Secretary Cohen Remarks after Signing Environmental MOU Between U.S. and China
Wednesday, July 12, 2000
(Remarks after the ceremony of signing of an Environmental Memorandum of Understanding Between the United States and China)
Secretary Cohen: Thank you Ministry Chi, let me indicate that [Defense] Minister Chi [Haotian] has just said that this agreement we have signed does open the way for great environmental cooperation between our militaries. Two years ago General Zhong and I signed a Joint Statement on the Exchange of Environmental Information. This agreement builds on that by calling for exchanges of visits of high level officials in the opening of a dialogue on how to address these common environmental problems. A Chinese delegation is scheduled to visit the United States later this year to look at how we can work to minimize water and air pollution at our cleaning basins. And later this year, our Deputy Under Secretary of Defense for Environmental Issues is scheduled to visit China. Both of our countries realize that a stable, clean environment plays an important role in national security.
Both the United States and China have programs to minimize environmental damage but we approach it in different ways. The United States tends to stress the use of technology while China emphasizes natural processes and procedures and it is clear that we can learn from each other's methods.
Today Minister Chi and I discussed a range of other issues which include the need for cross-strait dialogue, how to work together to stop weapons proliferation and our mutual interest in promoting stability in Asia. And we agreed that the region and the world are more stable when the United States and China work together to solve problems. And though we may disagree on some issues, we benefit from this opportunity to explain our disagreements, and to build on the areas in which - and there are many -- in which we agree. And, Minister Chi let me thank you for your hospitality and your courtesy and your willingness to engage the United States in very direct and open and frank discussions to help promote much closer ties between the United States, both in a military-to-military basis and also on the diplomatic level and we thank you much. Thank you.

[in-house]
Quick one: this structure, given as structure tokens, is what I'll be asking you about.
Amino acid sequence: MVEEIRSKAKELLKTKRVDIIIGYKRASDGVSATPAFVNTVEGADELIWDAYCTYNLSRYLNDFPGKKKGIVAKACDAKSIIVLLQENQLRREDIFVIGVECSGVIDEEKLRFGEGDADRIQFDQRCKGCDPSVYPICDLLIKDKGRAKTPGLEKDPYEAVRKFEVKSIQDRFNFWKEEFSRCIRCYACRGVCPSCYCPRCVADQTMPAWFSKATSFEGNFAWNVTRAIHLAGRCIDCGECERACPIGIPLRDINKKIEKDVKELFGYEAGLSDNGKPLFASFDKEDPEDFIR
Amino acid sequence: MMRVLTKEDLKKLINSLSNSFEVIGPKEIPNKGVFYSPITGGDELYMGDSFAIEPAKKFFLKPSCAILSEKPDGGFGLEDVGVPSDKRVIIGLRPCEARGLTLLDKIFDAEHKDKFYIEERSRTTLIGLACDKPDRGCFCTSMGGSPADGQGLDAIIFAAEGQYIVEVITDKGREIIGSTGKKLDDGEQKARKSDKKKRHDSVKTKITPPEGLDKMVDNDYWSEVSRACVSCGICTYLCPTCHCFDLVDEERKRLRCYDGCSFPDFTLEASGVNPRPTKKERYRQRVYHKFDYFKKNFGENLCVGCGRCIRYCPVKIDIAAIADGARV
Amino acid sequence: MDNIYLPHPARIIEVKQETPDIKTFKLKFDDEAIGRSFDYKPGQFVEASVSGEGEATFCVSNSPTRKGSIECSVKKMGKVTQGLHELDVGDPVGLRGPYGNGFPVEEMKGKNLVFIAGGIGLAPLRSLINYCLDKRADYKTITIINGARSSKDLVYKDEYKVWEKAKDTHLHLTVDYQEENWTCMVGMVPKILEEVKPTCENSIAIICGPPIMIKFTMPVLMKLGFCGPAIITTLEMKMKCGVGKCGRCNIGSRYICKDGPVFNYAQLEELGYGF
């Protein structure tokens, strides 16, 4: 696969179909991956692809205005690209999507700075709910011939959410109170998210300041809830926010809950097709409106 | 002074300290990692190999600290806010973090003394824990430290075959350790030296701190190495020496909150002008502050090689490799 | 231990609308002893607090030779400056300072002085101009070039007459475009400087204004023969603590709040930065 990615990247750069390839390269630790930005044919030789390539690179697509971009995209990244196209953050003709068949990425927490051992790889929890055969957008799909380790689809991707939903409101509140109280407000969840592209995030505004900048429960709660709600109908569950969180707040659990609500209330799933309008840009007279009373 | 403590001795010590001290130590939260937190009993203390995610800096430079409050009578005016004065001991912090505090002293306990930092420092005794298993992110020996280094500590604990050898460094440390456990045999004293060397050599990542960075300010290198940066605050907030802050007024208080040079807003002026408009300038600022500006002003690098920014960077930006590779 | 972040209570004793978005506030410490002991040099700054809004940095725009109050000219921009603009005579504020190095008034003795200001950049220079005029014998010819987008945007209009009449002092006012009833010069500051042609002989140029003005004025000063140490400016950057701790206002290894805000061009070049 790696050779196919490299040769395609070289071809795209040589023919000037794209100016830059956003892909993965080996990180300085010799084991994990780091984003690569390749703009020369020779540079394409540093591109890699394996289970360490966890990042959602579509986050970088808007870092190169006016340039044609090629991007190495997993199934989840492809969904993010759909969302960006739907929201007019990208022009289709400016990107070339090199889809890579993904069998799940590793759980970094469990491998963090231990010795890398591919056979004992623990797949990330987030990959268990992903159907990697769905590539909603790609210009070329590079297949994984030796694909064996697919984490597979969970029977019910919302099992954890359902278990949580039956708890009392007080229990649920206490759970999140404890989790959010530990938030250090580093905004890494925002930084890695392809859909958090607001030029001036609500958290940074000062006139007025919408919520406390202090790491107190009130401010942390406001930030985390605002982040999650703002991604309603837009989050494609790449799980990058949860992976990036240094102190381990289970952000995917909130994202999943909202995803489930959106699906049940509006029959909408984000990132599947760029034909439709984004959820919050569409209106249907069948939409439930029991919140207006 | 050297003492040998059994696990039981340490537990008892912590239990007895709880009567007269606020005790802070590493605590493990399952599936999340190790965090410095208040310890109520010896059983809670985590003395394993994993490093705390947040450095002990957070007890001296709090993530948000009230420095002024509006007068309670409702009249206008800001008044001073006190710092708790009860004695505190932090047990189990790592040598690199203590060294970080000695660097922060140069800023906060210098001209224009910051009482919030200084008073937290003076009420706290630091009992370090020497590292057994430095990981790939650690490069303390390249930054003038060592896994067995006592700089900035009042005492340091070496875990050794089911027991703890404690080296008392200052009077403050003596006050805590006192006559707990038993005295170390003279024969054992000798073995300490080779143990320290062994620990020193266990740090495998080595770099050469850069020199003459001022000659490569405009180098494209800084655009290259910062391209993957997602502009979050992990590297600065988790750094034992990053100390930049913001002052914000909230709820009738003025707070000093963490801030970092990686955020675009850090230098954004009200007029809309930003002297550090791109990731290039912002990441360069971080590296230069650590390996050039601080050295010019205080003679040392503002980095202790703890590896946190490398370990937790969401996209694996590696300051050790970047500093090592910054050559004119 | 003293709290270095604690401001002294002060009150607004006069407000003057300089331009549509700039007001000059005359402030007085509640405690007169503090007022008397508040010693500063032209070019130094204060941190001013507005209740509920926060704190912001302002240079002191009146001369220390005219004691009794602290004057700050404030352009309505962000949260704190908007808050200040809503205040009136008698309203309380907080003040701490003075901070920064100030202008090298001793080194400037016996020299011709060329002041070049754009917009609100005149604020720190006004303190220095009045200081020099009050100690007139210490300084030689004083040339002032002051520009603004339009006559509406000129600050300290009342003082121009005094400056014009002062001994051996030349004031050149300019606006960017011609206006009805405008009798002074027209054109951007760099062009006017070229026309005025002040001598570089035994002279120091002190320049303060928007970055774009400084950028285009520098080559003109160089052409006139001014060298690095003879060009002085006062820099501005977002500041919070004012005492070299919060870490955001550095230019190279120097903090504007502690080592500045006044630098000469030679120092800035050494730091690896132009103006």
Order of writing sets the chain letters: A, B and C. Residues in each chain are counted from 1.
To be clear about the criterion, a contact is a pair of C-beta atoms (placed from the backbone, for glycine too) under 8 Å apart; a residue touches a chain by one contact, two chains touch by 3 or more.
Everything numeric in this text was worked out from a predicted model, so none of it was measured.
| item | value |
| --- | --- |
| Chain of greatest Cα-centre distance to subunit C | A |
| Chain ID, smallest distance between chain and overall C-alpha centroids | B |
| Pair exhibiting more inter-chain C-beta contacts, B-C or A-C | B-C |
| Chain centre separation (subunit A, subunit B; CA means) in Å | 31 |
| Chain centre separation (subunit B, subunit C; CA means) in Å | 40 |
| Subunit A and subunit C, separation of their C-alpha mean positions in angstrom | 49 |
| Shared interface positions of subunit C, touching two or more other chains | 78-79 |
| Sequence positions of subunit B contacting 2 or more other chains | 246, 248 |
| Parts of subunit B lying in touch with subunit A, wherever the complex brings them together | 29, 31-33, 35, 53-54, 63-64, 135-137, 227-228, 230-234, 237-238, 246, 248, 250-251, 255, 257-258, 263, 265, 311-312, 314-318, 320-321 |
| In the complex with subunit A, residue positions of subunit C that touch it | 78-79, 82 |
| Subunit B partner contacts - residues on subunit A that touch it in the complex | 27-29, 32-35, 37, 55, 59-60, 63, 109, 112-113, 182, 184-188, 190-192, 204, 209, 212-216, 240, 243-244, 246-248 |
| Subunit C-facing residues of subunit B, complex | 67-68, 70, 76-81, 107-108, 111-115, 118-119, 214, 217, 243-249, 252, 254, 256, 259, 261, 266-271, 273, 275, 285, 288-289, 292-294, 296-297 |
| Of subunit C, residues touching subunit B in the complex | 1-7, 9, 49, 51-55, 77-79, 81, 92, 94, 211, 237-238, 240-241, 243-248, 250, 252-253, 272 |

Q: Minister Chi if I may aske you a question about today's talks. Why is China building up its forces of ballistic missiles within range of Taiwan and was this discussed in today's meeting?
Mininster Chi: I think the Secretary made a very good wrap-up of our discussion today. We exchanged views on a wide range of issues. And it is also fair for me to say that we exchanged views in a very candid manner and we reached an agreement on a wide range of subjects. And our talks were constructive. For the overall principal that we adhered to was that we believe there are our common interests out of our differences. And as for the question you just raised, this is entirely China's own business. On the Taiwan question our policy is all too clear. It is a policy of peaceful reunification and one country two systems. Meanwhile, we have also made it very clear that we do not undertake to give up use of force. And we have indicated our view very clearly on many occasions that we are willing to have discussions on anything, with anybody, at anytime under the prerequisite of the one China principal. We can also send people to Taiwan. So this is our clear-cut position.
And as for the leader of the region of Taiwan, we shall listen to what he says and watch what he does. No matter what is the case and no matter what happens, the one China principal will always be there. And for some of the description you just gave in your question, I think this is an exaggeration of the facts. Thank you.
Secretary Cohen: If I could just add a word, the United States, as we have in the past, continues to support a one China policy and the three communiqués. We do not support any move towards independence on the part of Taiwan. But we also support the Taiwan Relations Act and will continue to insist that the resolutions of the differences that exist between China and Taiwan must be resolved peacefully. And those are the discussions that we had during the course of the morning and discussions [which] I assume will continue. But we are committed to seeing a peaceful reconciliation or resolution of the issues.